How To Balance Being A Champion Coach & Parent

Photo: USA TODAY Sports - Kirby Lee

Coach Mike Cunliffe is considered one of the master coaches in the short to long sprint method. He has trained world class track & field athletes, from elite youth as young as 8, to Olympic level in sprints and jumps. He's currently working with Olympians from four different federations ahead of this summer's IAAF World Championships in London.

In the US, his youth athletes have achieved multiple national sprint titles and age group world records in the sprints and jumps. One of these athletes includes his daughter, Hannah, who just won the 60m title for the University of Oregon at the NCAA Indoor Championships. We caught up with Mike to get his philosophies on coaching and parenting.

When did you know that Hannah was going to be special?

My wife and I take the view that each child is special and unique. Talents can come in many forms, not just physical, so we look to encourage the kids in a natural direction where their talents are and allow them an organic platform in those activities. With Hannah, we saw how fast she was at age 5. In fact, it was earlier than that. She could crawl at near the speed of light. It was amazing how fast she could cover ground. So, it was all about opportunities to run and developing a love for your talent at a young age, combined with training in a healthy framework through each developmental phase, which is critical for future success.


How do you think your training philosophy differs from other coaches? 

We train with a true power/speed (CP-ATP, Anaerobic Glycolytic) approach to the physiology in relation to the physics of the short sprints, and then stretch with appropriate flavors of lactic for the longer sprints. This is from youth to senior. Our priority focus is on making someone faster; specifically Maximum Velocity, when a lot of coaches and teams emphasize strength work in various flavors.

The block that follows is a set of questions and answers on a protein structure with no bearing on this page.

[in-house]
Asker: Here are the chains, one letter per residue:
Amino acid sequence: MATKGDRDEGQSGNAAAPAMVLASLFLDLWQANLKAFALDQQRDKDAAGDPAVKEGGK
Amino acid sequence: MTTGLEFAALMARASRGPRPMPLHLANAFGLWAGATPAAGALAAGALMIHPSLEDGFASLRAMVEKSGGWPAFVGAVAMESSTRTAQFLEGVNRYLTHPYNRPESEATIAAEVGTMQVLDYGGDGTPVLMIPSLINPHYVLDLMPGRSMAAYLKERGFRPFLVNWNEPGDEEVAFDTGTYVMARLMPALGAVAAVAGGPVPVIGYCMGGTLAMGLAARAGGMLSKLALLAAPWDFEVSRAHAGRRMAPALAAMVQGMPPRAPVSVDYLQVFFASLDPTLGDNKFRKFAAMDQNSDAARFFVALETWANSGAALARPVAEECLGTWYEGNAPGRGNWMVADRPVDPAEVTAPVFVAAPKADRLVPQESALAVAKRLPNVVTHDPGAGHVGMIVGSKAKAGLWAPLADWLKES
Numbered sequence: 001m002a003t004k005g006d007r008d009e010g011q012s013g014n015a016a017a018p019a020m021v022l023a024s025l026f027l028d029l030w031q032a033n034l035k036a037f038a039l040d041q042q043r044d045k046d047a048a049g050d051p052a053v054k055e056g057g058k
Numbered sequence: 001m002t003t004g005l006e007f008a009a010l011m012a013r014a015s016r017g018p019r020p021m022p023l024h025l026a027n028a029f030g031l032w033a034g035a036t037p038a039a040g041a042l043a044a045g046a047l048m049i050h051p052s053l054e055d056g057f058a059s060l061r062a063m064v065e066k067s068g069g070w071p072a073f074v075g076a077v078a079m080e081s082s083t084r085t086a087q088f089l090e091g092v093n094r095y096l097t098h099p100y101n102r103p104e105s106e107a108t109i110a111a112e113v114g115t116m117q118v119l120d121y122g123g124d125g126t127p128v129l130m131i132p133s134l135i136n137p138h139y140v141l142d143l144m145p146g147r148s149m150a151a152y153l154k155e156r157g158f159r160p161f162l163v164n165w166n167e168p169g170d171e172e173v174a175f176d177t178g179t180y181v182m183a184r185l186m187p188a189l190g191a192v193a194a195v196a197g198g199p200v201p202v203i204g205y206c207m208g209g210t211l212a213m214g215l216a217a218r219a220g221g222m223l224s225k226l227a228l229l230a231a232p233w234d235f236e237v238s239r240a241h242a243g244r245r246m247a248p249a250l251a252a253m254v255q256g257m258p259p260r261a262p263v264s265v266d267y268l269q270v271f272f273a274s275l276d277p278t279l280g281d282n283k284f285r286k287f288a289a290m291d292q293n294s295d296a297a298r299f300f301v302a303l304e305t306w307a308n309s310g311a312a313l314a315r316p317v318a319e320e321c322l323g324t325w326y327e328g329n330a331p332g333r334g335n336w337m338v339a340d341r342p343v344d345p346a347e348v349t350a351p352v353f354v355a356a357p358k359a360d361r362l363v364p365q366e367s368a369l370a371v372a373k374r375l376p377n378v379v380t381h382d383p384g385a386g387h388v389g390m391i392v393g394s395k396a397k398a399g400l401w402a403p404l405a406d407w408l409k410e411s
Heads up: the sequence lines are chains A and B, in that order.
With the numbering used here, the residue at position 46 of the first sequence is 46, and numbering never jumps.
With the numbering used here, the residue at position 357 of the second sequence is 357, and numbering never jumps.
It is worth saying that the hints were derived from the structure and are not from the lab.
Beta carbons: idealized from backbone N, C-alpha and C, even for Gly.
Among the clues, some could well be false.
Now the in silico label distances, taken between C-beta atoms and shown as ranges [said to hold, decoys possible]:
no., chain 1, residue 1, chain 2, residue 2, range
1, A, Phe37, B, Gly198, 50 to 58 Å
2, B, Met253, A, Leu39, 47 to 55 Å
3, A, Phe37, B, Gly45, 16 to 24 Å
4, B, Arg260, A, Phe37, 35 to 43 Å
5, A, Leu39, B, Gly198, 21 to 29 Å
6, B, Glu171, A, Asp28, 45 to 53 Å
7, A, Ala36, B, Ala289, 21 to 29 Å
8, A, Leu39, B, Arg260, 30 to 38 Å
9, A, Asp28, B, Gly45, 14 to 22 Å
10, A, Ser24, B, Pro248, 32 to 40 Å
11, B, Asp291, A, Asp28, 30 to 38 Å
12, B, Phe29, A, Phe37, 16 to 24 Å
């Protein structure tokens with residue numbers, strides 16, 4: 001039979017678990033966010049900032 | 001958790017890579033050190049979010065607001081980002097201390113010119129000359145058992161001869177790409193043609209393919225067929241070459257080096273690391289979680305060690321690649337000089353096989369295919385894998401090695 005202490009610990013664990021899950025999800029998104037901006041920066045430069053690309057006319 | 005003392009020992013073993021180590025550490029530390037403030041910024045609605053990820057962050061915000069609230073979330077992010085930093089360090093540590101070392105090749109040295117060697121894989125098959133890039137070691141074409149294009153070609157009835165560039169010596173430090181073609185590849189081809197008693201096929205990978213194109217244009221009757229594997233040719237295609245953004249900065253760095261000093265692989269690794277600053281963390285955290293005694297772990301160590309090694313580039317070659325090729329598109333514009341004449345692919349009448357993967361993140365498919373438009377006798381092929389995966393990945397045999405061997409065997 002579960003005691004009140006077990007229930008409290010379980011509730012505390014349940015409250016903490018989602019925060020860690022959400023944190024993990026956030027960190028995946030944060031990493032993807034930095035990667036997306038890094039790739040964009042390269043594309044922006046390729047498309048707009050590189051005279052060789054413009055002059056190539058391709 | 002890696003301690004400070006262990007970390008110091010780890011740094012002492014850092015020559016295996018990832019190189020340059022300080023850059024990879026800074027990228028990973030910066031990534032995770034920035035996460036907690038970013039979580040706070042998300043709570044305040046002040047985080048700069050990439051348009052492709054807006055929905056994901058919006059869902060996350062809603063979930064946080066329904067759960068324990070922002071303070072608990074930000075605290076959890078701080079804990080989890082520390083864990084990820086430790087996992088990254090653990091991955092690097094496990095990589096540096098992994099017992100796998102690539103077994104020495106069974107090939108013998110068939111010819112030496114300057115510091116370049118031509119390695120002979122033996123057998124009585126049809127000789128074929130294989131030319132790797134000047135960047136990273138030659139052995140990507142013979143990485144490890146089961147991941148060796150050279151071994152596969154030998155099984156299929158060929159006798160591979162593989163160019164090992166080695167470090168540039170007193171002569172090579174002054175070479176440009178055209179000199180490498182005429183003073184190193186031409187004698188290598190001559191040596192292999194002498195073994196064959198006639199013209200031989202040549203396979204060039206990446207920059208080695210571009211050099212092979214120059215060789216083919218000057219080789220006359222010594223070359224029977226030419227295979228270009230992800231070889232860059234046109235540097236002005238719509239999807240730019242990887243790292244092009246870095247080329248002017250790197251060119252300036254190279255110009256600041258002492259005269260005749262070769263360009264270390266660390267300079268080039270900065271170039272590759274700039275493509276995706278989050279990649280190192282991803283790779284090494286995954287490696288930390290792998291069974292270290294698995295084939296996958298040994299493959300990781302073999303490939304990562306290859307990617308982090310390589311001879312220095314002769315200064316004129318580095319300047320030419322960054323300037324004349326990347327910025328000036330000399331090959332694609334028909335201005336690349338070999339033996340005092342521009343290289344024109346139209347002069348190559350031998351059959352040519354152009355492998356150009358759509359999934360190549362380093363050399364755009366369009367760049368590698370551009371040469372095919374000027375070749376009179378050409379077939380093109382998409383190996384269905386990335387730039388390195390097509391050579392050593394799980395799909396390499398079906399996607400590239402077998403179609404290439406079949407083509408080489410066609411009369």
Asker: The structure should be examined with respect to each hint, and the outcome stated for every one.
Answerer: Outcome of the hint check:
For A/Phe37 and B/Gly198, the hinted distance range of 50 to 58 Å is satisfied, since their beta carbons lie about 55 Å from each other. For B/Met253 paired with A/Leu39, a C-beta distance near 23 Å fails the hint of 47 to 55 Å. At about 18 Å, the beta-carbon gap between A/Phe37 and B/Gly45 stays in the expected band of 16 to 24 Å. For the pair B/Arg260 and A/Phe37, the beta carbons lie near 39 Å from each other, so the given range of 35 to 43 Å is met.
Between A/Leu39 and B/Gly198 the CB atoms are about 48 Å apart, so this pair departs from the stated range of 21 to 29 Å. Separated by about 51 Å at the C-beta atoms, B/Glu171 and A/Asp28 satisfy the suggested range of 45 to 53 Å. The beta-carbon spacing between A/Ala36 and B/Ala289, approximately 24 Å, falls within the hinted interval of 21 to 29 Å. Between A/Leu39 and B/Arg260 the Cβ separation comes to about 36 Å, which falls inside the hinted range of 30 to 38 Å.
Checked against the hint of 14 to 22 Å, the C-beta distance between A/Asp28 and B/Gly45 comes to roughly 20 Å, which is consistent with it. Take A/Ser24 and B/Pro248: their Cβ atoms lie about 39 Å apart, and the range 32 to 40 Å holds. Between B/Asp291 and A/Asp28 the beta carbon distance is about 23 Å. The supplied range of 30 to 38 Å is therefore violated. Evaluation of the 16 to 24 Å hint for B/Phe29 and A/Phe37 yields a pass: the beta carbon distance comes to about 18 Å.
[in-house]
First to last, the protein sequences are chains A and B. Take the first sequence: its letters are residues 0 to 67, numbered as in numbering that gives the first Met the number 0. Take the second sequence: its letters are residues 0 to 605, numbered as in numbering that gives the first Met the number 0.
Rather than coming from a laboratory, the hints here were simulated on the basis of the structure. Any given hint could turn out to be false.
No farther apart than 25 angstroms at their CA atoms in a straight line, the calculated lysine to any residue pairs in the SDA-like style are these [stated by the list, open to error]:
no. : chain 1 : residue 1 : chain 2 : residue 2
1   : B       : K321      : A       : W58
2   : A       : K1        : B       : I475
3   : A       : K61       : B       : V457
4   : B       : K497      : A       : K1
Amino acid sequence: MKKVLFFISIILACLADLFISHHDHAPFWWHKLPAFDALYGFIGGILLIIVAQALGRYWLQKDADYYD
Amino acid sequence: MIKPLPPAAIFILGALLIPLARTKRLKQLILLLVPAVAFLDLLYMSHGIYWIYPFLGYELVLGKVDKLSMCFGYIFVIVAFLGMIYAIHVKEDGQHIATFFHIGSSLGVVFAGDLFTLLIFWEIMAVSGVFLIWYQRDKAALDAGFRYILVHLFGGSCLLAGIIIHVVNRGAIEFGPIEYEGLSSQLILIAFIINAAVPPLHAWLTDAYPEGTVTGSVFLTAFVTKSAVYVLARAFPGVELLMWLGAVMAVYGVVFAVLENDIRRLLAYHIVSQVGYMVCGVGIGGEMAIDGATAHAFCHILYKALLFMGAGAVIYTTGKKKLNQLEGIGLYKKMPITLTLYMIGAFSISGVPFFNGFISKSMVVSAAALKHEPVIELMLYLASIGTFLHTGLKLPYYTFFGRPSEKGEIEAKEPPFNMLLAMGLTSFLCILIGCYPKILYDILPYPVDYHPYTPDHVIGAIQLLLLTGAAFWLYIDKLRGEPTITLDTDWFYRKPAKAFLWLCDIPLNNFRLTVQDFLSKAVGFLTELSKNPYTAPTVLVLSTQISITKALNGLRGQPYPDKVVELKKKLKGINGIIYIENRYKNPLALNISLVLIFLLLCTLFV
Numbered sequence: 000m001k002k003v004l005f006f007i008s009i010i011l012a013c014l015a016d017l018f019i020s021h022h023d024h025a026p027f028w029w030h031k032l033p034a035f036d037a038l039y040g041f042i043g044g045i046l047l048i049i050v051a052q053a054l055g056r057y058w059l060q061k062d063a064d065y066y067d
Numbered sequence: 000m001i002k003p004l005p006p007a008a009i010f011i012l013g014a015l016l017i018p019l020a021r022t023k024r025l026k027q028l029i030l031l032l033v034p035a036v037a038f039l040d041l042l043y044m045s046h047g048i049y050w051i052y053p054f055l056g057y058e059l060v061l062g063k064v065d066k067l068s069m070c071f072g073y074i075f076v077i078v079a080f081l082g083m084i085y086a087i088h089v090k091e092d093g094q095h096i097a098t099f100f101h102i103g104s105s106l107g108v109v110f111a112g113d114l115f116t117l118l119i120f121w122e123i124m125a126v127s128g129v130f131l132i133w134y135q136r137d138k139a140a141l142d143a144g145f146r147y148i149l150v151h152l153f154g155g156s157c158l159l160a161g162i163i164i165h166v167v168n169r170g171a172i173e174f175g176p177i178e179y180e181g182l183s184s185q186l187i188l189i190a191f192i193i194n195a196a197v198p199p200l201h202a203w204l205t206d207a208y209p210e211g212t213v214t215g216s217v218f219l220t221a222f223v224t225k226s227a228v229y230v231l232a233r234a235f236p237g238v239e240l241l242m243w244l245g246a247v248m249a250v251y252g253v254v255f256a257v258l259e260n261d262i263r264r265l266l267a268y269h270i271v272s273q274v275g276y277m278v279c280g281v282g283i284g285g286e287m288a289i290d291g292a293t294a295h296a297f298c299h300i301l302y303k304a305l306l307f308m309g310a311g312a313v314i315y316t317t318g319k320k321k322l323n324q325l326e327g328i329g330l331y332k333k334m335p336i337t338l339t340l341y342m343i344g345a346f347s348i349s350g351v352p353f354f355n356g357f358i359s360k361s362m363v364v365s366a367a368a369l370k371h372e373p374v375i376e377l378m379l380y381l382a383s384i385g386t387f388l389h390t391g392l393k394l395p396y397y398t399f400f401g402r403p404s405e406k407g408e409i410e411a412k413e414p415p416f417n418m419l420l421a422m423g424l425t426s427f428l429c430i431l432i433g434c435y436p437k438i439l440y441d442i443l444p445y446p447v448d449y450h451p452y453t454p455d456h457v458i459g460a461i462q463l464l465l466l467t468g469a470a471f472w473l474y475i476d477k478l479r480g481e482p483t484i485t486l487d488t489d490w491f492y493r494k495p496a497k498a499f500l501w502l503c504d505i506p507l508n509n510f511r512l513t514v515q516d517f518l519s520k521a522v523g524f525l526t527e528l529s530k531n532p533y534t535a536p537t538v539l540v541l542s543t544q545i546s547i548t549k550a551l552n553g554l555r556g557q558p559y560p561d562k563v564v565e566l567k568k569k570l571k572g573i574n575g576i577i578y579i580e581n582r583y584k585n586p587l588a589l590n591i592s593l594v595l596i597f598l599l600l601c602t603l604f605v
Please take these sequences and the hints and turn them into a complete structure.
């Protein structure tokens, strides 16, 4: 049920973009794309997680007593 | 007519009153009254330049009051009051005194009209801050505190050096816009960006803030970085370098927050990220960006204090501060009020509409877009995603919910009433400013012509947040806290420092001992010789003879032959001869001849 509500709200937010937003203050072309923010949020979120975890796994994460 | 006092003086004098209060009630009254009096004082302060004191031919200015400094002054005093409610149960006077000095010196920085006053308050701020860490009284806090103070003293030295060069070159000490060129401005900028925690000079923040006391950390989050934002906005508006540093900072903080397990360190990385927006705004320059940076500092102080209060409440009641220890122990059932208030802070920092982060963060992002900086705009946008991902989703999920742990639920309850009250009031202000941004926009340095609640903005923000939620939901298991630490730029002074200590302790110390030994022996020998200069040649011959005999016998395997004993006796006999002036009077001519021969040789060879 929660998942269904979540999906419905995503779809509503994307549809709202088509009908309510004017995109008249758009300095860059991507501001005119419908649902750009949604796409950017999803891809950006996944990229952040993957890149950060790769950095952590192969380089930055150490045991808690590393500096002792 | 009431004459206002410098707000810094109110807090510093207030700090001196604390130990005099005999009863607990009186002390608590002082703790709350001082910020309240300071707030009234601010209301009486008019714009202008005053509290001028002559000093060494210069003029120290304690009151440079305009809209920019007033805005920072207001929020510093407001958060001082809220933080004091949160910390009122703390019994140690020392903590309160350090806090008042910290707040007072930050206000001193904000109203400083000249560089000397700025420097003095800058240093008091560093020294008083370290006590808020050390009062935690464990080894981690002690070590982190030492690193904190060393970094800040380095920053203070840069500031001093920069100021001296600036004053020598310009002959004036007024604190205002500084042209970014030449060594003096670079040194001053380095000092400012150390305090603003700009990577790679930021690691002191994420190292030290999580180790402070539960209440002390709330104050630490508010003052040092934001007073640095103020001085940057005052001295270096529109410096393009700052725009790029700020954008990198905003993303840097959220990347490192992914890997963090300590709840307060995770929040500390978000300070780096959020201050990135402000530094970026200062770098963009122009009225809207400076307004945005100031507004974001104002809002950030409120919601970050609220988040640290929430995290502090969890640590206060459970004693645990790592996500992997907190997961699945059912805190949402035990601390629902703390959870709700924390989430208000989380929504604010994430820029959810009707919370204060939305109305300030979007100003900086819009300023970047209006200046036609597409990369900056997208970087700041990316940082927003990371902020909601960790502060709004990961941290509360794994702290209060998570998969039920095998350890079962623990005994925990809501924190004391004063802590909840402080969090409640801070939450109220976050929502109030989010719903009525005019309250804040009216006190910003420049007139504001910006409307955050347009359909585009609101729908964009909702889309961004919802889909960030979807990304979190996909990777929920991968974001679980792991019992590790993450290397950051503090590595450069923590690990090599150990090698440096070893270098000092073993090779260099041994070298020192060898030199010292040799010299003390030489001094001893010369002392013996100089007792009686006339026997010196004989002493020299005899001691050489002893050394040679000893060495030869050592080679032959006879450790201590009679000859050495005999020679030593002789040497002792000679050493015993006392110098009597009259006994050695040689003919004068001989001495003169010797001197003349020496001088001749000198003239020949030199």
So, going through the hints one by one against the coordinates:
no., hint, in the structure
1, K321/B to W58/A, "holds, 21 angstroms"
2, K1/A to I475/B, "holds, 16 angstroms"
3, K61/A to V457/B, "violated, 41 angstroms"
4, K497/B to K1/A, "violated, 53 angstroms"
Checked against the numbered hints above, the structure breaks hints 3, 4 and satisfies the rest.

In regard to youth, it's ALL developmental. There are things to train and things to stay away from through the various growth phases, and they're not what is often touted as such. 

The key to youth training is to build a FUTURE.

Hint: Think of what kind of reserve you want to be able to call on for the rest of their life once through puberty. Then build it. While you do that you can win but don't do it at the expense of tomorrow. Now there are times I know I can pull a lever on a youth athlete to get a cheap win but the key is to not touch it until later. Note: It's cheap if it detracts from their future.

How does it feel for you now that Hannah has won her first national title? 

I was a proud dad, of course, and really I was very happy for Hannah because I know how much she wanted to win that 60m title. It was the first time I saw her race outside of Seattle since 2013 so it was special. We have so many kids so we try and focus on being a support as a family daily and weekly, talking with one another and supporting one another since we have kids all over, from Kansas to Dubai. So going to events is special because we are spread so thin in regards to time. As a dad and coach, it's a lot of fun enjoying the results from the work her and Curtis Taylor are putting in. Curtis and Hannah are doing a fantastic job together and I'm a proud parent without the coaching pressure. I sleep better at night knowing Hannah is in good hands and it allows me to enjoy the parent role which I'm thankful for.


The Cunliffe family.

How difficult is it to balance the coach and parent relationship simultaneously? 

The two are interrelated; all parents are coaches. We are life coaches providing direction into multiple areas of our children's lives (intellectual, emotional, physical, etc.). 99% of the time this means selecting SME's (Subject Matter Experts) to help bring depth and growth to a certain area.

For instance, math. You may pick a school because of its acclaimed math department. The math teachers there have been chosen to enhance your child's skills in that area. Or you hire a personal trainer in football, etc. So for my wife and I, coaching our kids and parenting our kids are the same. But no one will love them as we do as parents. As parents we have a unique tool set grounded in love helping them to live a fulfilling life. We teach the kids if they do sports (not all of our kids do) to be smart and use the resources around you to reach your goals. If one of us is an expert in an area they are in need of help in then leverage our lessons and knowledge for your own success.